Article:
The Latvian Parliament is discussing the national budget and related legislation. Excise taxes on alcohol, tobacco, and sugary drinks will rise in March. Latvian Prime Minister Evika Silina told ERR that the budget balance, people's livelihood, and export competitiveness had been reconciled.
On Thursday, Latvia's parliament debated the budget for 12 hours, including recesses. There will be no evening session, and the debate will resume on Friday.
"Not everyone is pleased with everything, but the government has laid out its objectives: internal and external security, health and education. We have found more money to help older people solve their work-related challenges. We pay more to retirees who have worked for a longer time. So I think the budget is (socially) quite well balanced," Latvian Prime Minister Evika Silina said.
In financial terms, the state budget is in deficit by 3 percent.
Following months of deliberation, it was resolved on Wednesday, ahead of the budget debate, to refund mortgage borrowers for 30 percent of their mortgage interest if the outstanding sum is less than €250,000.
"The parliament decided that everybody who signed a mortgage would get 30 interest payments. This can be seen in a number of ways. Of course, the rise in interest rates has been unexpected. As a result, parliament's decision to help borrowers in navigating this tough circumstance is appropriate. However, we are currently debating with the European Commission how well targeted the support is. Are we helping people in need? In the current case, everyone benefits from the measure," Latvian Finance Minister Arvils Ašeradens said.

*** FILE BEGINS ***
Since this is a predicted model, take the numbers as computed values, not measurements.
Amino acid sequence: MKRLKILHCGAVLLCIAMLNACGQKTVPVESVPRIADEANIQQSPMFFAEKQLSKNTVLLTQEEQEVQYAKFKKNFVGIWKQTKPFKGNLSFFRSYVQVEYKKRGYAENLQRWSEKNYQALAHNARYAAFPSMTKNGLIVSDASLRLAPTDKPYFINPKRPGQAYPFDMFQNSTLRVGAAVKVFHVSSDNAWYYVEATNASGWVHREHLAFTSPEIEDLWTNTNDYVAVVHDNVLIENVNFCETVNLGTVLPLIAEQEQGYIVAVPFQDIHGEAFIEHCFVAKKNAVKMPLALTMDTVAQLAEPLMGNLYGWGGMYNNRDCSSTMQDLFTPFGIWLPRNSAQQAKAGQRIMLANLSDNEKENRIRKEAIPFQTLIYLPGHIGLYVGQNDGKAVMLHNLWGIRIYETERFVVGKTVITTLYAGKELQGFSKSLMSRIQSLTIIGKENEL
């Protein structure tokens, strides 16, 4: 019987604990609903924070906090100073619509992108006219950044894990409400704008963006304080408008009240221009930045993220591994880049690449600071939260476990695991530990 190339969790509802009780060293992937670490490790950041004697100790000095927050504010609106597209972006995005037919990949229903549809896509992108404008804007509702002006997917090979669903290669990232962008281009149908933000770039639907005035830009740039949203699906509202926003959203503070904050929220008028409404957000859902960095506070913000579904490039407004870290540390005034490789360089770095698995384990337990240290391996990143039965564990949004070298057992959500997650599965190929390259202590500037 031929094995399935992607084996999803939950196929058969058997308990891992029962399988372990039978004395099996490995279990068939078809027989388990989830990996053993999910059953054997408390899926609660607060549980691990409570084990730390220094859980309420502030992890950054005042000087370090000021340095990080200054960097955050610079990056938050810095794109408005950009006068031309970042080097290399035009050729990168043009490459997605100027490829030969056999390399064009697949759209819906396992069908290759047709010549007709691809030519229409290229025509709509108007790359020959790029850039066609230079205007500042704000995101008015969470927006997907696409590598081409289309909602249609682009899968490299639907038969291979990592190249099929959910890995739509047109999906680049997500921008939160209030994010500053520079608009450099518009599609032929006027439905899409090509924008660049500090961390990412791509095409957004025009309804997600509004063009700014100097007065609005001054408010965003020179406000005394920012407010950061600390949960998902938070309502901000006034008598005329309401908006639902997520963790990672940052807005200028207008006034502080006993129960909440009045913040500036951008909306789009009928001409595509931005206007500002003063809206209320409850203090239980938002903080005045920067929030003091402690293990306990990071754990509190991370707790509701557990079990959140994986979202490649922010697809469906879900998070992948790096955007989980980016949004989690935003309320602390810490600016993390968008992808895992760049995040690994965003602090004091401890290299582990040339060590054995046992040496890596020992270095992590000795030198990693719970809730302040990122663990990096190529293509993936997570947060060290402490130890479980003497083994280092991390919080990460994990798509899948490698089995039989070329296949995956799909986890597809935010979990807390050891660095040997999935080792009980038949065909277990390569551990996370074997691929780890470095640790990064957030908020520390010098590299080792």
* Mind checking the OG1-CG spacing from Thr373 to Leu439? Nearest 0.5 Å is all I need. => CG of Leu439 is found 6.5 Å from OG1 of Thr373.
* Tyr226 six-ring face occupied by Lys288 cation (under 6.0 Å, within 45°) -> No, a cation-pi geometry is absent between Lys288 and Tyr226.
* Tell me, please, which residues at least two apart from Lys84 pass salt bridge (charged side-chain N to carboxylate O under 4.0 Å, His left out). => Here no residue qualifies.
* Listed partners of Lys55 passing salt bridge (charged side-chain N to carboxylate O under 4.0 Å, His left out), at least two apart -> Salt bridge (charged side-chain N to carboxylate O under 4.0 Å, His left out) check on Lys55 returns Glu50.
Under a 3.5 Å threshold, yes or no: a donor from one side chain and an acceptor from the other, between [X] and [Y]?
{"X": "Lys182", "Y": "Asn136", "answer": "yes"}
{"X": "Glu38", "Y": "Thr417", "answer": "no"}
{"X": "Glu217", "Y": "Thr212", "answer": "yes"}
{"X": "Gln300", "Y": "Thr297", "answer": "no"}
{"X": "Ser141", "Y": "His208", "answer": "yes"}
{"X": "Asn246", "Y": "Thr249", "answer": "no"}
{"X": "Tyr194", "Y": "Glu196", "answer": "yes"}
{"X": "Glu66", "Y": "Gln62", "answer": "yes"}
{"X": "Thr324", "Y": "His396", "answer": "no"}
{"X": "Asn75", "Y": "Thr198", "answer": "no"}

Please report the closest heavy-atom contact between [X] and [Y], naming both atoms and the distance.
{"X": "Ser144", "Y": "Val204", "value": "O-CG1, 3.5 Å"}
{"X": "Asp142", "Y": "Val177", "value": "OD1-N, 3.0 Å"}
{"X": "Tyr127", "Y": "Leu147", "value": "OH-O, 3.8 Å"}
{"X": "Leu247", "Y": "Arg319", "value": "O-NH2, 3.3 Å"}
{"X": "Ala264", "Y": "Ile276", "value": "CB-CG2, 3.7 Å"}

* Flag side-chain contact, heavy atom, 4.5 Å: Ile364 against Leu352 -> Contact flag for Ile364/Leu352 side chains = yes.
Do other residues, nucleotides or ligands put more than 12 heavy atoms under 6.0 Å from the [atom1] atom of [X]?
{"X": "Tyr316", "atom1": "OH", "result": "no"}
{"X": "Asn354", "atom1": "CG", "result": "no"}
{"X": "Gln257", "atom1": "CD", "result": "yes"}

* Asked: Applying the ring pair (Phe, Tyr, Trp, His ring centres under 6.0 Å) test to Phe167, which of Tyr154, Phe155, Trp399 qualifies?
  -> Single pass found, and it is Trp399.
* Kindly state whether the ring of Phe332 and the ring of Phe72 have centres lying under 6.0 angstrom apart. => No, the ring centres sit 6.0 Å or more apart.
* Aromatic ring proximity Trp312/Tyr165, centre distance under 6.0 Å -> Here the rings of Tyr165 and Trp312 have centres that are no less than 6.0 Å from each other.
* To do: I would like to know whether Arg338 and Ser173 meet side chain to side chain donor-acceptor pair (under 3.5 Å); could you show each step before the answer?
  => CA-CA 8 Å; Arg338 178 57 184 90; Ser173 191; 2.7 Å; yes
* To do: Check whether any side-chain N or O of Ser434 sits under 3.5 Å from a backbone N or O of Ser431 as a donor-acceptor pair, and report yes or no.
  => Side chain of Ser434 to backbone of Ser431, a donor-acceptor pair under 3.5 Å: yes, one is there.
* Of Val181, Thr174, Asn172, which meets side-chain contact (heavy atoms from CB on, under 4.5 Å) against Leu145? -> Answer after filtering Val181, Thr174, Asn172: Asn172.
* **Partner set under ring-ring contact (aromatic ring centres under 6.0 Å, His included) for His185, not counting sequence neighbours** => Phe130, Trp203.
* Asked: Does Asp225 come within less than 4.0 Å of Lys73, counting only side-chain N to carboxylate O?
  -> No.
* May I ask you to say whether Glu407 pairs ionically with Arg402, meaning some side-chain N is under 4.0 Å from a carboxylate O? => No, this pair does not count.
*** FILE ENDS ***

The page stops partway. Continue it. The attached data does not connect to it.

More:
Excise levies on alcohol and tobacco will be raised more than expected. From March 1, a pack of cigarettes will cost 49 cents higher, while a liter of spirits will cost about 70 cents more. Sugary non-alcoholic beverages will see a four cent increase per liter. Latvia has historically made a priority of maintaining competitive excise duty levels in comparison to its neighbors.
"Of course, every source of revenue, including cross-border trade, is vital to us, and every euro is important. But, as finance minister, I am more concerned with how our companies can add value to their products so that they may be exported around the world. On the other side, when it comes to our people's health, Latvia is in bad shape. You are better off in Estonia, but I believe the moment has come for the Baltic countries to consider how to reduce the use of harmful to health products," said the Latvian finance minister.
It was recently decided that VAT on fruits, vegetables, and berries in Latvia will be raised from 5 percent to 12 percent, remaining below the usual rate of 21 percent for another year.
Editor: Aleksander Krjukov, Kristina Kersa